Before launching a Teradata Database on AWS instance, consider the implications of the available storage types, including media, capacity, data persistence, and cost related to data persistence.
Teradata Database on AWS
offers the following types of storage:
||Considerations and Use Cases|
|Amazon EC2 Instance Local Storage
||Local (both SSD and HDD)|
- Storage is ephemeral and requires a running instance
- Potential for data loss if instance fails
- Data protection available using Teradata DSC
- Lower reliability than EBS; HDD is lower reliability than SSD
- Highest performance
- Highest cost per vCPU per TB
- Up to 6.4 TB of storage per EC2 instance
- Lower performance than SSD
- Lower cost per vCPU per TB than SSD
- Up to 48 TB storage per EC2 instance
|Amazon Elastic Block Storage (EBS)
- Highest reliability
- Lower performance (network-attached)
- Lowest cost per vCPU even with extra charges for EBS
- Up to 30 TB remote storage (pre-provisioned) on SSD volumes attached to the instance
- Data persists independent of running an instance which provides the ability to shut down an instance between sessions to reduce EC2 costs and lower cost of ownership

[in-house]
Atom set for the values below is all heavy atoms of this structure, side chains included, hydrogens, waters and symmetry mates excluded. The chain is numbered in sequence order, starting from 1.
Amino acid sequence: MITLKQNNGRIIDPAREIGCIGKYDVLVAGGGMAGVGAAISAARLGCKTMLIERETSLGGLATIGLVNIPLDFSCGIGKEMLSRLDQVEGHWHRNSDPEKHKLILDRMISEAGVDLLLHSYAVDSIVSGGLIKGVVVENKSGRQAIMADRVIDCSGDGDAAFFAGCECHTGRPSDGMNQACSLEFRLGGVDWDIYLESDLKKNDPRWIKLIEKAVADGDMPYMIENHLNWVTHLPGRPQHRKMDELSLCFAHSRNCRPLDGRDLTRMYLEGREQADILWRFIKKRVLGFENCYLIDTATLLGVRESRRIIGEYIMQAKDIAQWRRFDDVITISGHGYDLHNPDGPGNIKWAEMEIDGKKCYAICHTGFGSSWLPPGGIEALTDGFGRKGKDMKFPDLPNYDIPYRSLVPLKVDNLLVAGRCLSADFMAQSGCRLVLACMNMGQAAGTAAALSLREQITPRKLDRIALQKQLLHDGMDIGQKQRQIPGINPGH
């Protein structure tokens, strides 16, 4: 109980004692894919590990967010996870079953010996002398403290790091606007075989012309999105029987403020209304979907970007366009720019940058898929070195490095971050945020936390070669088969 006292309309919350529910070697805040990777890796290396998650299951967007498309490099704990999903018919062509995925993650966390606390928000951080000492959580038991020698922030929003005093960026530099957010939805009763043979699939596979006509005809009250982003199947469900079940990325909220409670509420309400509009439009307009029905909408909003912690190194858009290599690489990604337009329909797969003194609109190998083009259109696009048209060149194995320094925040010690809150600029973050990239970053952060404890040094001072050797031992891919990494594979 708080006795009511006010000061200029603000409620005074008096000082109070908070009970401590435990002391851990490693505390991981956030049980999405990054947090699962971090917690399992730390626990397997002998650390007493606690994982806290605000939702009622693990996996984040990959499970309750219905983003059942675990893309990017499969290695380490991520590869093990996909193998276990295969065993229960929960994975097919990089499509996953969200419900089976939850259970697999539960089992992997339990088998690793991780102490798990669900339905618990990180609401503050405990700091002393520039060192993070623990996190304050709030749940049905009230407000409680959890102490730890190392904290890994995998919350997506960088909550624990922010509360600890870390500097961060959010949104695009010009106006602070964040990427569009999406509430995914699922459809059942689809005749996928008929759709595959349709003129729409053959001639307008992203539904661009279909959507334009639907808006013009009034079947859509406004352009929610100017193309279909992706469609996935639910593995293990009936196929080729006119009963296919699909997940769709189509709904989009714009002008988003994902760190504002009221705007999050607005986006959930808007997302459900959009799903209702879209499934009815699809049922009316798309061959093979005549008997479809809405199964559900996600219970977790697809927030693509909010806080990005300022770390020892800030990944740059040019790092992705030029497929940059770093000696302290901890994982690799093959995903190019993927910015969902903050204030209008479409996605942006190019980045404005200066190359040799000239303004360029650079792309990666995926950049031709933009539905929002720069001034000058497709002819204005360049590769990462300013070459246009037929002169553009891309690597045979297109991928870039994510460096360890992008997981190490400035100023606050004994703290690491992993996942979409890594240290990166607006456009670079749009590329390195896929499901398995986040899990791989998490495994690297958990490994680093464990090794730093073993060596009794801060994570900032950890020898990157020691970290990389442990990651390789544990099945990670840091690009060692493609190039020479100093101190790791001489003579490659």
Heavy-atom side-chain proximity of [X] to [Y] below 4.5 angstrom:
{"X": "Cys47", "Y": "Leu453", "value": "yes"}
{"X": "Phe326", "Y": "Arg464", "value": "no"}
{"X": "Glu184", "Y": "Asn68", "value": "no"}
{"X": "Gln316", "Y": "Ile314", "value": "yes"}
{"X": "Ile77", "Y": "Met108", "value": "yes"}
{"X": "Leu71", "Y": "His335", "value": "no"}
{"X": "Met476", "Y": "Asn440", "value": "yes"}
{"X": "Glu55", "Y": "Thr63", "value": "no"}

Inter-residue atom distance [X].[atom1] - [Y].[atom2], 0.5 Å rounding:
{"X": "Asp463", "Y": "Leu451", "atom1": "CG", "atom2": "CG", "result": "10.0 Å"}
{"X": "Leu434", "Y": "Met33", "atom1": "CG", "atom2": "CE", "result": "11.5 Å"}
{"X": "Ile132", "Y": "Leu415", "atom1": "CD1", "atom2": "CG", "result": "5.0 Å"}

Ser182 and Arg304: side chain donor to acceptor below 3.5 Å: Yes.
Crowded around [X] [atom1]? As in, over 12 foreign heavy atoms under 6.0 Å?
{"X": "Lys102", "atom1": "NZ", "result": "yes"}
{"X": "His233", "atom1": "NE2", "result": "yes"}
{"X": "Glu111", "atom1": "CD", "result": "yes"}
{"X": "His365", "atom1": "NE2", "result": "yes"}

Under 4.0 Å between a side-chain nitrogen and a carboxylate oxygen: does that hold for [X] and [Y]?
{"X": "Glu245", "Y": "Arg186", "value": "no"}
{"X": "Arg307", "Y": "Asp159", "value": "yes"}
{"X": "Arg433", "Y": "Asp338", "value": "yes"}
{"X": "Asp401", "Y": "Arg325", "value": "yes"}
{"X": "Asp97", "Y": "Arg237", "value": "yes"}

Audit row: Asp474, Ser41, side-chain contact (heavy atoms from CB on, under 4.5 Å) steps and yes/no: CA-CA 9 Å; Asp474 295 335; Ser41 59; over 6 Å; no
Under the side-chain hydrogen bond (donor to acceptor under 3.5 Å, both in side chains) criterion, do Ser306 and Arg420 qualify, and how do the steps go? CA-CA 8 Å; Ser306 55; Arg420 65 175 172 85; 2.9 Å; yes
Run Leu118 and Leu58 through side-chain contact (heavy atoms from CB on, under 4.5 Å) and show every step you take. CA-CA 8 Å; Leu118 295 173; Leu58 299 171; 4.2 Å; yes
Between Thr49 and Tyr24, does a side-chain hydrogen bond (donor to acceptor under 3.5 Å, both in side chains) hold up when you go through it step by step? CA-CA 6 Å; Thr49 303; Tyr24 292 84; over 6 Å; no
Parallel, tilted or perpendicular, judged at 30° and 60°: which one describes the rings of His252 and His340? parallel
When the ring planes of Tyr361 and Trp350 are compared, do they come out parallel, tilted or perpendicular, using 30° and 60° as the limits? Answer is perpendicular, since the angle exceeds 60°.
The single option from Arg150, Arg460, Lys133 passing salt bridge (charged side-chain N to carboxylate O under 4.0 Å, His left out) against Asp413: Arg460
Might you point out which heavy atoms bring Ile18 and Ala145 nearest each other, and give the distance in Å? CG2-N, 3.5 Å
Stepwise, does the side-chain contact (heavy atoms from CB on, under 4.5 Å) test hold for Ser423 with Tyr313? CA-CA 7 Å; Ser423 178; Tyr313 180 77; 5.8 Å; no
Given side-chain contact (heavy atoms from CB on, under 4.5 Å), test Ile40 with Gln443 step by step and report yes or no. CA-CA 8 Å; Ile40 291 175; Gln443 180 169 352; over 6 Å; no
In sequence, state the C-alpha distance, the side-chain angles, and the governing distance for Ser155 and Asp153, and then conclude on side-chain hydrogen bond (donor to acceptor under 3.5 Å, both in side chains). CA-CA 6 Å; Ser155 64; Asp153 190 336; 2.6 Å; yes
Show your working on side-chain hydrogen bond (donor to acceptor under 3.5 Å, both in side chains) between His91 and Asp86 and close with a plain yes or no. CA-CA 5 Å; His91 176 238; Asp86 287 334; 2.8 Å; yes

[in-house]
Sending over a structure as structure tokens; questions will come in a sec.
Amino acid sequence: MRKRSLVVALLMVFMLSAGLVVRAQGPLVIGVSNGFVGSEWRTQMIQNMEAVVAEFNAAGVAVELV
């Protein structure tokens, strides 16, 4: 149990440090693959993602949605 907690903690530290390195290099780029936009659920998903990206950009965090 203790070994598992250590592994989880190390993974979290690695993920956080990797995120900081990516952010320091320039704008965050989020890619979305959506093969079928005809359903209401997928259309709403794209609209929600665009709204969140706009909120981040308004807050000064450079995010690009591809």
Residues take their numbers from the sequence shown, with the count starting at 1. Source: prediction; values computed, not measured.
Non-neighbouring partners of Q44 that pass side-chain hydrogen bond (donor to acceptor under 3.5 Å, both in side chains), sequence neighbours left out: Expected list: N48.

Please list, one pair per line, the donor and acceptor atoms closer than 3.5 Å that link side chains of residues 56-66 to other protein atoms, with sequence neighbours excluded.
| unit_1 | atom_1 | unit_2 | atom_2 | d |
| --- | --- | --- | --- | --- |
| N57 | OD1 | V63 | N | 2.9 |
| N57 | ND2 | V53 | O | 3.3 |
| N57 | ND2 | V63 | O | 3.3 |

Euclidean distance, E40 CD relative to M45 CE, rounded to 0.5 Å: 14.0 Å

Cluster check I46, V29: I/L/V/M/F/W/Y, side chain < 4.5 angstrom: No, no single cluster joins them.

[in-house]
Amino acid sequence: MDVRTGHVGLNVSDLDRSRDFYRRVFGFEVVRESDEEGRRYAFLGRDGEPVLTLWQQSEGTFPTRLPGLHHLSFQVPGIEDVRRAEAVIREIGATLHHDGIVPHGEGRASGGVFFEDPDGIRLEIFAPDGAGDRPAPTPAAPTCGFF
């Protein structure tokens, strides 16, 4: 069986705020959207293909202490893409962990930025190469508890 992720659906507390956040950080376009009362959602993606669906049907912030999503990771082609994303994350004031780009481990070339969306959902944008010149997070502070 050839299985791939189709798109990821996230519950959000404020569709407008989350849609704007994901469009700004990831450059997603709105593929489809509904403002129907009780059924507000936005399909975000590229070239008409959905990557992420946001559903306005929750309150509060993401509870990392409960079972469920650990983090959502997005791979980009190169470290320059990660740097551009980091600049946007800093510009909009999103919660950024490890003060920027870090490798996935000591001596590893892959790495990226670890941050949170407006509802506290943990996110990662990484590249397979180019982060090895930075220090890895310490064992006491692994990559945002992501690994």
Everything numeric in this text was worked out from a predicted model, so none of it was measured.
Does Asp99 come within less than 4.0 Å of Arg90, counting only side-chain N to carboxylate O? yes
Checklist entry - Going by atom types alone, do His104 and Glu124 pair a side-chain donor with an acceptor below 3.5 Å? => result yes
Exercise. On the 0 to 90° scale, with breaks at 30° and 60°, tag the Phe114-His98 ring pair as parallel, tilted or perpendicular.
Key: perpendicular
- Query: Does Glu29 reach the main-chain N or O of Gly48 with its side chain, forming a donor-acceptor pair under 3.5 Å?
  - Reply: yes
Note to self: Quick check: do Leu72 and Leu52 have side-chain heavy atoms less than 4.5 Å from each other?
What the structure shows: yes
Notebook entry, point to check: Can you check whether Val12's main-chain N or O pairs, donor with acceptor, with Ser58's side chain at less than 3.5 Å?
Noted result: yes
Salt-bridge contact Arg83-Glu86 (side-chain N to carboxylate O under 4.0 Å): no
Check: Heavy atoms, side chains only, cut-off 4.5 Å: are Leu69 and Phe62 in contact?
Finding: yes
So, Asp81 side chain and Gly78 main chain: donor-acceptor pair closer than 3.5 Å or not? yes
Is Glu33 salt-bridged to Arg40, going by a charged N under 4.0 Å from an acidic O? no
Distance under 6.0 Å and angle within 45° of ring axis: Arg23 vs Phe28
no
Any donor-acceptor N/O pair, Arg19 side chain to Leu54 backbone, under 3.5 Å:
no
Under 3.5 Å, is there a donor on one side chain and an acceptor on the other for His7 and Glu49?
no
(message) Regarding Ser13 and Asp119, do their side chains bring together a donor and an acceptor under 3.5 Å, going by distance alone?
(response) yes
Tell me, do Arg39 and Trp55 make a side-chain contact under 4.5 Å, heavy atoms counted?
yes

- Total node storage size for EBS instance types can be set using the Data Storage parameter when launching a Teradata ecosystem or launching Teradata Database separately for Advanced and Enterprise tiers.
- Expand EBS storage after launching a Teradata Database instance. See Storage Expansion.
|Amazon Simple Storage Service (S3)
||Supported by Teradata Access Module for AWS, Teradata DSC, and Teradata QueryGrid.|
- Using Teradata Access Module for AWS with TPT, load and export between Amazon S3 and Teradata Database.
- Using Teradata DSC, back up and restore between Amazon S3 and Teradata Database.
- Using a Teradata QueryGrid Presto connector, query data stored in Amazon S3.
Specific storage options for Teradata Database on AWS depend on product and instance type.
See Amazon User Guide for Linux Instances.